Dad had some wins, and as we all do, some losses. He claims he sold the first ever group medical plan to these guys named William Hewlett and David Packard down in the Valley who were working on some tech thingie. Dad showed me a picture of the three of them together at a business function so I guess it was true. Dad even laughed many times over when re-telling the story of his buddy Donald Fisher who asked him for some money to invest in his new store on Ocean Avenue in the late '60s. Don told Dad he wanted to sell Levi's and LP records....LP stands for Long Play...look it up. (THOSE were cool.) Eh, what good would founders shares of The Gap have done anyway? (Fisher is only worth $3.3.....BILLION.)
During his 'out-to-pasture' LA years, Dad had me over quite a bit at his house in Calabasas, CA a short trip from my UCLA campus. He was obviously trying to repair a lot of damage caused by his MadMen years...apparently there are a lot of similarities between the lives/times of Don Draper and the guys who ran around selling group medical plans to the likes of H-P and Intel.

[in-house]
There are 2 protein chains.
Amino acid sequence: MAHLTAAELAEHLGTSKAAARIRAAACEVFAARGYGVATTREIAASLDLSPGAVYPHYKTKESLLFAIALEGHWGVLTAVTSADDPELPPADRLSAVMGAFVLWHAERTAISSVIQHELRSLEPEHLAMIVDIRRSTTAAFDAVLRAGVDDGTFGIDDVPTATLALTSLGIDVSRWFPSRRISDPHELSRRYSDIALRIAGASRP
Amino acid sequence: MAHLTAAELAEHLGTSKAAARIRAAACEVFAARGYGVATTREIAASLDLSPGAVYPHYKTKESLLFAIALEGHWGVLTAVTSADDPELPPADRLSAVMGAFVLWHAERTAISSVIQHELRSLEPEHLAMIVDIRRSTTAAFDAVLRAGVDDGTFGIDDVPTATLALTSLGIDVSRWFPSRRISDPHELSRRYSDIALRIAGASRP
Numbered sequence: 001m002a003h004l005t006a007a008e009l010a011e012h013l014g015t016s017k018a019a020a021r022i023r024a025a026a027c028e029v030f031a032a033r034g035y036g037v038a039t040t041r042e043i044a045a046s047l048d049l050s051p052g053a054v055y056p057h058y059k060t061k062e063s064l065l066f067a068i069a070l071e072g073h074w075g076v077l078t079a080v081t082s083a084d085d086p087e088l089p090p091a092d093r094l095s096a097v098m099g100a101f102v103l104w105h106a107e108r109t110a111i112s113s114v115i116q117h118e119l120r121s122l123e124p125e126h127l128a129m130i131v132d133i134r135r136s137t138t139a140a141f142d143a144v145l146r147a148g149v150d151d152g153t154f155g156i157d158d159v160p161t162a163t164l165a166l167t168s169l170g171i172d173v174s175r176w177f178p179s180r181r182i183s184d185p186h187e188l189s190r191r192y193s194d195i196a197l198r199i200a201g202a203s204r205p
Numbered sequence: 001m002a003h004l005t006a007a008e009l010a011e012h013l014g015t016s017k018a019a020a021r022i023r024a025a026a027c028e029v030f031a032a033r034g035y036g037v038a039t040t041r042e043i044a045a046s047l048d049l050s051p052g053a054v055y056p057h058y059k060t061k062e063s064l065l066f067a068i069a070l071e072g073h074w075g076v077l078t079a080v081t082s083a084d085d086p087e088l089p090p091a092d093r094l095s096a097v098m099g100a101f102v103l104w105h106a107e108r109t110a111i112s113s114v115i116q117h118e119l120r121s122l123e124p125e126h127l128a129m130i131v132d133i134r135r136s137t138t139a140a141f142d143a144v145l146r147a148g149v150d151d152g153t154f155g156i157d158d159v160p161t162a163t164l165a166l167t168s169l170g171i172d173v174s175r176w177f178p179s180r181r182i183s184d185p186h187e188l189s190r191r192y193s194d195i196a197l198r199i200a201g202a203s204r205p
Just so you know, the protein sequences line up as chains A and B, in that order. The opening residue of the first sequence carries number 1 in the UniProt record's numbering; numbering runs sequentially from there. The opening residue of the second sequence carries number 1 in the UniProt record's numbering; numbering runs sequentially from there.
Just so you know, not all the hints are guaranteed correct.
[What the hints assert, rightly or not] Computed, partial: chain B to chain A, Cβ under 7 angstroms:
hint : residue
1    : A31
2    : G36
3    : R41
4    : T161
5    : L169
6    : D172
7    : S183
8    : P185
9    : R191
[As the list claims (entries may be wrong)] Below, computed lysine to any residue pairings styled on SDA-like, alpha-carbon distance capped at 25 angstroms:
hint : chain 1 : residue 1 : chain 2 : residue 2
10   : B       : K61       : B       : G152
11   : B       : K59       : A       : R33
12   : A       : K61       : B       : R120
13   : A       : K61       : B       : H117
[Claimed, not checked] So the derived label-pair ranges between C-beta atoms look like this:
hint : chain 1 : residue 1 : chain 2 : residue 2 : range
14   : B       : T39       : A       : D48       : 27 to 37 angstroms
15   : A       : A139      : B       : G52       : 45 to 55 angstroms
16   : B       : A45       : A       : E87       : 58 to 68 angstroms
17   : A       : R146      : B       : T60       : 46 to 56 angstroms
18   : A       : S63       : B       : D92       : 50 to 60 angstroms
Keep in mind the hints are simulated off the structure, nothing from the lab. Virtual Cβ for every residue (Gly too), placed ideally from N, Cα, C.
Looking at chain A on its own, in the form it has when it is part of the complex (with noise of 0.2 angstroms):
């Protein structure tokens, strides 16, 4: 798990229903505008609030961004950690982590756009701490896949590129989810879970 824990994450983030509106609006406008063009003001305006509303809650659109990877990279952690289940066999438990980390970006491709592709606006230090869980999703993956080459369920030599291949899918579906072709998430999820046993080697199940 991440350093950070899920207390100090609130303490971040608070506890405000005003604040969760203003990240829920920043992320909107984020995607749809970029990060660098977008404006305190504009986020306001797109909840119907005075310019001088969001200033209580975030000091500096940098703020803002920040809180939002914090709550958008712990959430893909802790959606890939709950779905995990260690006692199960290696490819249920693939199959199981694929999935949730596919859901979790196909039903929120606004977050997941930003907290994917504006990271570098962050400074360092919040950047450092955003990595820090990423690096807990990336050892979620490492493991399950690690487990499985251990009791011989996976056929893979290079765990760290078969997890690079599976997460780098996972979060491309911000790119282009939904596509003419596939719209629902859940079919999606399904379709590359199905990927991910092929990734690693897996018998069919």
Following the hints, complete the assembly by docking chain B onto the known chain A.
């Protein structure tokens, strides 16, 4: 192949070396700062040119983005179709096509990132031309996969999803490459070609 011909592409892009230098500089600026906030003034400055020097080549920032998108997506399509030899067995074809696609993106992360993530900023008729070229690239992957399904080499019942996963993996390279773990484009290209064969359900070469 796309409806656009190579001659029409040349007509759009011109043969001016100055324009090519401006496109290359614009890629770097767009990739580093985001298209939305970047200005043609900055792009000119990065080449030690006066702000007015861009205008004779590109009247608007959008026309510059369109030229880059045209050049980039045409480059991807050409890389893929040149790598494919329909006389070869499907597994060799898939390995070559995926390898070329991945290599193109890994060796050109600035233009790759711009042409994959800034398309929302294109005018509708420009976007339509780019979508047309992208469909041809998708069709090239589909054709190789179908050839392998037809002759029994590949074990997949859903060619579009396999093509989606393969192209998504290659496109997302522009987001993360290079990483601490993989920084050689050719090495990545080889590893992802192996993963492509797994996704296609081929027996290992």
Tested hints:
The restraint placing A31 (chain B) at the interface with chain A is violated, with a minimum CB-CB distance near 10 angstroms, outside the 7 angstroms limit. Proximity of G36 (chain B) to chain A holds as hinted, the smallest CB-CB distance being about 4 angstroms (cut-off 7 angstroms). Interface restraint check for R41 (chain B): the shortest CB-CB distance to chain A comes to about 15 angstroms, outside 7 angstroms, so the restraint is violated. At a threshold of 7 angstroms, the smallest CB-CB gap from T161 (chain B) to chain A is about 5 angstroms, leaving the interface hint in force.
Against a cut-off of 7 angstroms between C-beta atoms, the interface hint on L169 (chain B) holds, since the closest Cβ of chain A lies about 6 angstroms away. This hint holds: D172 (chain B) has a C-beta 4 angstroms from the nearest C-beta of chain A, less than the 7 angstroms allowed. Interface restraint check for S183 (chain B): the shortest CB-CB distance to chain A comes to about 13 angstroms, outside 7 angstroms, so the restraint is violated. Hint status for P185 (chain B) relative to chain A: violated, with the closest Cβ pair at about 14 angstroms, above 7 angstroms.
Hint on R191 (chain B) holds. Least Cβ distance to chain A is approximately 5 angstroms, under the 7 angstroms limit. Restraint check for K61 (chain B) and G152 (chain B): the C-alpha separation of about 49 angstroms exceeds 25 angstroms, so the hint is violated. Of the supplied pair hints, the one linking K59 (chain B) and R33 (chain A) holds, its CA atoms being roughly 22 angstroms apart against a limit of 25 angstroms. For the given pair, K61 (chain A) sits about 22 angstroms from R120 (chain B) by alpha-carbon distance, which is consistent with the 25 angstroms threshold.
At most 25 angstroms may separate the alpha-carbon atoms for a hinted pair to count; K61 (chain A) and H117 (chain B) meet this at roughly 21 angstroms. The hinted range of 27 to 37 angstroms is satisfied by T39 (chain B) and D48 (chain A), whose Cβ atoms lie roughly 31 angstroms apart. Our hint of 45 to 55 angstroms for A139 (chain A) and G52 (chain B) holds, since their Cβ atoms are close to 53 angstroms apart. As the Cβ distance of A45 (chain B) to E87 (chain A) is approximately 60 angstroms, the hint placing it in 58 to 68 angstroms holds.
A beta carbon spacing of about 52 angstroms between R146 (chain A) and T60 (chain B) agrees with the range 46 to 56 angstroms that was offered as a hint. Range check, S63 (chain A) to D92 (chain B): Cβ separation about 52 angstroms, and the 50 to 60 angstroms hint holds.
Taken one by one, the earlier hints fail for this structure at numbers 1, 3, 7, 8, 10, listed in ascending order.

Just months after graduation, while sitting on his patio after a nice dinner, Dad shot the zinger across the bow.
"That was always the difference between me and you." Out of nowhere it came.
"Huh? Come again, Dad?"
"The difference....between us. (Long pause.) I was always the guy who WENT FOR IT HARD....REALLY GOT AFTER IT. (pause) You just aren't that guy."
Whoa. I sat motionless, wondering if my ears had betrayed me. His wife was off in the kitchen, but she couldn't help anyway. I was alone with an asshole who, while just starting to re-gain my trust after a nasty divorce and prolonged absenteeism during my high school years, shot me in the face. It might not seem like a heavy moment to you, but at the time, fresh out of college trying to find my way, I was traumatized.
At 21, I wasn't familiar with pyscho-babble sales manager motivation gimmicks. Decades later, I still wonder if this was a move by a resentful, bitter man of early career promise who had consumed 6 or 7 glasses of Cab and just let it rip, or from someone who was just trying to find the right message.